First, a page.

Environmental activists have ventured their rage on the world’s most famous works of art to convey a strong message about runaway climate change. However, museum experts and directors call for more robust protection measures.
In just 14 days, many groups of activists prominently attacked some of the most distinguished works of art as a part of a campaign against environmental terrorism that seeks to draw attention to what was previously called “global warming”. now “climate change”.
The list of paintings that have suffered this kind of attack is already long, and as the days go on, it gets bigger and bigger. Most of the time, these activists manage to install a theme, a question, or a message. However, the initial purpose of these actions could be diluted by the spectacular nature of the attack.
After the tomato sauce, it arrives the puré
“Protection measures are no longer enough” objected the director of the Barberini Museum in Potsdam after a group of protestants threw mashed potatoes at the famous painting “Les Meules” by Claude Monet before gluing their own hands on the wall as a way of protesting against climate change.
The video of the attack on the impressionist masterpiece was posted on Twitter by the same organization, which urges politicians to take more drastic measures to abolish climate change. “People are starving, people are freezing, people are dying” was the speech recited by one of the activists involved in the incident.
“We are in a climate catastrophe and all you are afraid of is tomato soup or mashed potatoes on a painting. Do you know what I am afraid of? I am afraid of the fact that science tells us that we will not be able to feed our families by the end of 2050”, added the other activist, whose group has organized a hunger strike in Berlin and had as well protested on one of the busiest highways in the country.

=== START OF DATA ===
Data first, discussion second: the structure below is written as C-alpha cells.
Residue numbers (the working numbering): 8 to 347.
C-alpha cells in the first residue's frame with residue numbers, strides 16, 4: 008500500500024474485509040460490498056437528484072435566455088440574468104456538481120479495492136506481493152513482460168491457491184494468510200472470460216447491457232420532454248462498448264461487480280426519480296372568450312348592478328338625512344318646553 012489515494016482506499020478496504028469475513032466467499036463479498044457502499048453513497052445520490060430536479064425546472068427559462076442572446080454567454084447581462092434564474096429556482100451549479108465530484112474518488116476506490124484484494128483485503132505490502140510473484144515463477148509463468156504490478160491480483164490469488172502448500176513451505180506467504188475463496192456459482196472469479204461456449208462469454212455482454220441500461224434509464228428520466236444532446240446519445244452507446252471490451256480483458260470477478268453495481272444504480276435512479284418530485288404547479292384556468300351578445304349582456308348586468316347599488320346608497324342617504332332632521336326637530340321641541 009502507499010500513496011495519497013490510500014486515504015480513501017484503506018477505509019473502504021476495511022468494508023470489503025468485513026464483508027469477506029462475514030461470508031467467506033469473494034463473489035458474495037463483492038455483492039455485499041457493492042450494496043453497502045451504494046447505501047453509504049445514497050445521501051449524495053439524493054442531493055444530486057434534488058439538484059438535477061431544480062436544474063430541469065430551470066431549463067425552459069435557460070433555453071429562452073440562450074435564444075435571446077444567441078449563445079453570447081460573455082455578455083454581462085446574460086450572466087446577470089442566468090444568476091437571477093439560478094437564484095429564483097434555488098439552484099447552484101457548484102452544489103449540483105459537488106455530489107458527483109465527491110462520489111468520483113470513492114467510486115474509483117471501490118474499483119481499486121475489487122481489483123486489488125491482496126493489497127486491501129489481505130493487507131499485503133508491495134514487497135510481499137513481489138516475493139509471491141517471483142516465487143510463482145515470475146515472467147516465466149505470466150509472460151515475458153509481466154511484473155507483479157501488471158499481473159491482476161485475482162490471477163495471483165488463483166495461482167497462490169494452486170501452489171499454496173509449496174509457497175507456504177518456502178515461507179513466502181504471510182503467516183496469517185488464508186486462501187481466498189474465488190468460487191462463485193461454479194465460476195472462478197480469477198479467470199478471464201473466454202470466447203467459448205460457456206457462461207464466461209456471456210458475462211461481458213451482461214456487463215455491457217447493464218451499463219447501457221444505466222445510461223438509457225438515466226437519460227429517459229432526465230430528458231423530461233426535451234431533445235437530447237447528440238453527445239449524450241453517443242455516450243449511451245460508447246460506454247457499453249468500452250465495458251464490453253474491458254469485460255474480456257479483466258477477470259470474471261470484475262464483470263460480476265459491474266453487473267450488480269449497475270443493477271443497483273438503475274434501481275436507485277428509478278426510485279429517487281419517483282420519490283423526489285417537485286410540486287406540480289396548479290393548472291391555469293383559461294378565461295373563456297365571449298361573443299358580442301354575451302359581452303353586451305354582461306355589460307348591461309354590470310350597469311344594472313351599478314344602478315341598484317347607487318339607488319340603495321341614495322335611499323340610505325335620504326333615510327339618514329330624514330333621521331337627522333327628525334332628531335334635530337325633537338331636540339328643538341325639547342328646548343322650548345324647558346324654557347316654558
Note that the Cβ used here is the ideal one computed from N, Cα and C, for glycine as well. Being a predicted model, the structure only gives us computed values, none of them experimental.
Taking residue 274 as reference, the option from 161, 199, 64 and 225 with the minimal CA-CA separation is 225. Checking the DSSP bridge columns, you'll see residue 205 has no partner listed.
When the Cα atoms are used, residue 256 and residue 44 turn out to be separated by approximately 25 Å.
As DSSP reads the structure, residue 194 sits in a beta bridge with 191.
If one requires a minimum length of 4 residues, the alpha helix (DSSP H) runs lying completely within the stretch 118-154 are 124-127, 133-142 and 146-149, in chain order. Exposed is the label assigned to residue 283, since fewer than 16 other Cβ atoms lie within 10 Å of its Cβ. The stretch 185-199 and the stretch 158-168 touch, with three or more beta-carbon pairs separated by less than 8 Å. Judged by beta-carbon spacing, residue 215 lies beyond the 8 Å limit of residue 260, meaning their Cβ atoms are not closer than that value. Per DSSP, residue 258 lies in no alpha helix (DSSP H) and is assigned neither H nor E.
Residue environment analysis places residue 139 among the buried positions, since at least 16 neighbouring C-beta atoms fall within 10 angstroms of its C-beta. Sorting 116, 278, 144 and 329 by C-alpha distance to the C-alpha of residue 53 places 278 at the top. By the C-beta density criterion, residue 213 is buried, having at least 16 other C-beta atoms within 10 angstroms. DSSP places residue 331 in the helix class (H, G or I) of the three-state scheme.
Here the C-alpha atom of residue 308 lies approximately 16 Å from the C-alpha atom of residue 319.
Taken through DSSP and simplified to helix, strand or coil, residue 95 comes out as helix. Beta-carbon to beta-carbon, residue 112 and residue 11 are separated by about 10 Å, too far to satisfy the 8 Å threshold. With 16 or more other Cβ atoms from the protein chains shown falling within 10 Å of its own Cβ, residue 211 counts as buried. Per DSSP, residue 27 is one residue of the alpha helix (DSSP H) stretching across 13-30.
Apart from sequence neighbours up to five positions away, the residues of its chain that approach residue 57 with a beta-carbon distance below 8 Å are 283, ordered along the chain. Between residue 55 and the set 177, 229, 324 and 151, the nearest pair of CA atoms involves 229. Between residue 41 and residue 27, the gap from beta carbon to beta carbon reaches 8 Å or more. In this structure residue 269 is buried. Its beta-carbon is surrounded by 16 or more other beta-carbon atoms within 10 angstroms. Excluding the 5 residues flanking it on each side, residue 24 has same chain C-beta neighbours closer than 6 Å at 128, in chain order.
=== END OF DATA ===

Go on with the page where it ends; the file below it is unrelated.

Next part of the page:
Just Stop Oil holds a broad history of vandalism acts in Europe, it is the same organization that last June acted to the detriment of the Courtauld Gallery of London, where another two protestors got stuck to the “Fishermen in Bloom” by Vincent Van Gogh and the same one that weeks before threw tomato soup against “The Sunflowers” by the same author in the National Gallery of London.
Vandalic acts in history
From a historical point of view, attacks against works of art in museums have some famous episodes, such as the stabbing of The Angelus by french painter Jean-François Millet in 1932 or the attacks suffered by La Gioconda -stolen and subjected to many other vandalic acts- and so, more than a hundred of works damaged.
Judging by the high number of episodes of this caliber occurring in a concise time, the expert's sentence: “By becoming habitual, the acts undoubtedly lose their strength, leaving a rather confusing message and, perhaps, playing in favor of the ones that they point out as their opponents”.
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